The management believes that the ₹15,000-crore capital raise through the FPO can not only help meet the bank’s regulatory requirement and absorb incremental bad loan provisioning but also be sufficient to fund growth for the next two years.

But there are several risks to capital and we believe that the bank may need additional capital to fund growth over the next one year.

One, the bank would need sizeable portion of the freshly raised capital to absorb bad loan provisions in the coming quarters. This is because, while in the March quarter, the bank’s bad loans moderated to ₹32,878 crore, it was mainly due to moratorium granted on various loans as per the RBI’s directive; 35-45 per cent of the bank’s loans were under moratorium (according to March quarter results). After the RBI’s extension of the moratorium until August 31, there could be some increase in the bank’s loans under moratorium. Slippages from these accounts (when the moratorium is lifted) could lead to increase in provisions. The modest provisions made by the bank to tide over the impact of Covid offer little leeway to absorb losses on account of this.

Two, the bank has SMA 1 book (where payments are overdue by 31-60 days) of ₹10,781 crore as of March 2020. Sharp downgrades from the corporate book can also lead to increase in provisions. YES Bank’s concentrated exposures is an added risk.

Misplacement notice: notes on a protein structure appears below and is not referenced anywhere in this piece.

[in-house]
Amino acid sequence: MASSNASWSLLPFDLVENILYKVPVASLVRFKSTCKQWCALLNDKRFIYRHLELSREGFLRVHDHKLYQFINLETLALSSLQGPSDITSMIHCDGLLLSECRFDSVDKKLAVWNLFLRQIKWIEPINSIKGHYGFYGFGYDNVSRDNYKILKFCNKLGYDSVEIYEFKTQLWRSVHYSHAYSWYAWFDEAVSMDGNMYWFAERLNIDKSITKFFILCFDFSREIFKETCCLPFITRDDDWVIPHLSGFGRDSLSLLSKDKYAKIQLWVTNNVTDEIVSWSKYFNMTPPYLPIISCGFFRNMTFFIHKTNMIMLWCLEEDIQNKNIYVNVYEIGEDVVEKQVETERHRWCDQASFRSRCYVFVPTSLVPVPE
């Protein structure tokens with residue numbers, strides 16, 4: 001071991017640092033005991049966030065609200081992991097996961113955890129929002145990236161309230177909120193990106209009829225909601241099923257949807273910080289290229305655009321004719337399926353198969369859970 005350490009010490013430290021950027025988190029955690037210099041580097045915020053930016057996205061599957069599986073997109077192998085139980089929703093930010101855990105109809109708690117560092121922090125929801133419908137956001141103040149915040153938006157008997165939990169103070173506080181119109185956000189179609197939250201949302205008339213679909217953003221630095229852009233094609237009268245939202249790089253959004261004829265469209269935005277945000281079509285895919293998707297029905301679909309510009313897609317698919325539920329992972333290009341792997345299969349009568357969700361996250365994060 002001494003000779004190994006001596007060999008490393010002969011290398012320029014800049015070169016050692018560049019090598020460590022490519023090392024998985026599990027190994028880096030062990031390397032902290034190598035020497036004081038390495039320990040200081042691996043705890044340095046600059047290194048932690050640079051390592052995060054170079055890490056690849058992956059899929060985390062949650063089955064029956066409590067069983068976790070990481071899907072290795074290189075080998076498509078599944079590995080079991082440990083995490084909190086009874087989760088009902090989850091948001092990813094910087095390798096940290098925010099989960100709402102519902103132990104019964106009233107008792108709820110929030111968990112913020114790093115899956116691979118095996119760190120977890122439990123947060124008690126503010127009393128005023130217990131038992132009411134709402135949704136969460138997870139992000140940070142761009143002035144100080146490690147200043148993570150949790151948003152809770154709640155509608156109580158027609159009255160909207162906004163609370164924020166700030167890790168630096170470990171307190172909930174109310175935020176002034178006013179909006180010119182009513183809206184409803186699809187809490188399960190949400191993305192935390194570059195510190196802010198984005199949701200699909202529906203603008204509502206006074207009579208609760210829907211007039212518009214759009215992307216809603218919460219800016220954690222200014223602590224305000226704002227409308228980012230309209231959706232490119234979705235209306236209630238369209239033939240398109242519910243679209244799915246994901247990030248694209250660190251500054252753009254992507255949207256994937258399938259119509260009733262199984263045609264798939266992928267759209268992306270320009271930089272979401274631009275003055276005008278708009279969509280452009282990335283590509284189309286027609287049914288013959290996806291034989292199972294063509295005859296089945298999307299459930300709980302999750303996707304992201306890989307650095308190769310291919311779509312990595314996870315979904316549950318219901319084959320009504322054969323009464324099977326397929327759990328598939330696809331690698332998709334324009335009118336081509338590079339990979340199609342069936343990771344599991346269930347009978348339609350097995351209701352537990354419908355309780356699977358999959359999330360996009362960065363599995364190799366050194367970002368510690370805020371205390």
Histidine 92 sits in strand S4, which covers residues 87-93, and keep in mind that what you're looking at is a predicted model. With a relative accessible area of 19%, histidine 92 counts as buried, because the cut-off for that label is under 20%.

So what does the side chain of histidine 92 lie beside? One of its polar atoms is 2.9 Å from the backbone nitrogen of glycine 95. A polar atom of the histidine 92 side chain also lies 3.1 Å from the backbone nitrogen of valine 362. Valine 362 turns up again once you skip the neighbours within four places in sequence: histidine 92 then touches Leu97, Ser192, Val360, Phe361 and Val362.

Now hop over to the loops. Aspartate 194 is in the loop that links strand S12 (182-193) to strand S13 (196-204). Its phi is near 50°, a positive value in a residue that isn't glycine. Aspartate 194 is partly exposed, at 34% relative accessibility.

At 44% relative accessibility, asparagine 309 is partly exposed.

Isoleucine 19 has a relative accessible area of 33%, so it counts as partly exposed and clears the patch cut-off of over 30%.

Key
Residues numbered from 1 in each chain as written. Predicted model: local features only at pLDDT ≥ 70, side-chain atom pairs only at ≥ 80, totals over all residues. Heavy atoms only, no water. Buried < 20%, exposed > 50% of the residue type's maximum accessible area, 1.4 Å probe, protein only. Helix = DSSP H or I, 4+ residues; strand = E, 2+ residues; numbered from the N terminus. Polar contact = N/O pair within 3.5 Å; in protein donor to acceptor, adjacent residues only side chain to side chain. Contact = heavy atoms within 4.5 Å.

Currently the bank is in breach of exposure limits with respect to five groups. While the management has stated that much of the earlier stress has been recognised, the worsening economic situation owing to the pandemic can lead to sharp downgrades.

The continual capital raising by the bank can lead to dilution for existing investors in the bank. Remember, the FPO price set at a huge discount to the market price has already led to steep dilution in equity base for existing shareholders in the bank (50 per cent). At every step of additional capital infusion, there could be more dilution for existing shareholders.

Long road to recovery

Aside from asset quality risk, the bank’s liquidity position will also need a close watch. Since the December quarter, the bank had seen massive outflows of deposits — ₹72,000 crore until March 5 when moratorium on deposits was placed. Even after the moratorium was lifted on March 18, there were outflows of nearly ₹35,000 crore until May 2. With the bank’s liquidity coverage ratio (LCR) falling below the mandated requirement, the bank was granted a short-term special liquidity facility for 90 days from the RBI on March 17; this has been extended till September 12. While the bank is currently not in breach of the LCR requirement (and has been able to stem deposit outflows according to the management), it could come under pressure after the special liquidity facility ceases.

Above all, YES Bank’s revival could take a long while, with interim shocks and volatility in financial performance. YES Bank has been predominantly a corporate lender (about 65 per cent of its overall book). The new management expects to transition the loan mix in favour of retail and SME (60 per cent of loans), which could take time. Growth could be a challenge in the near term.

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Published on July 13, 2020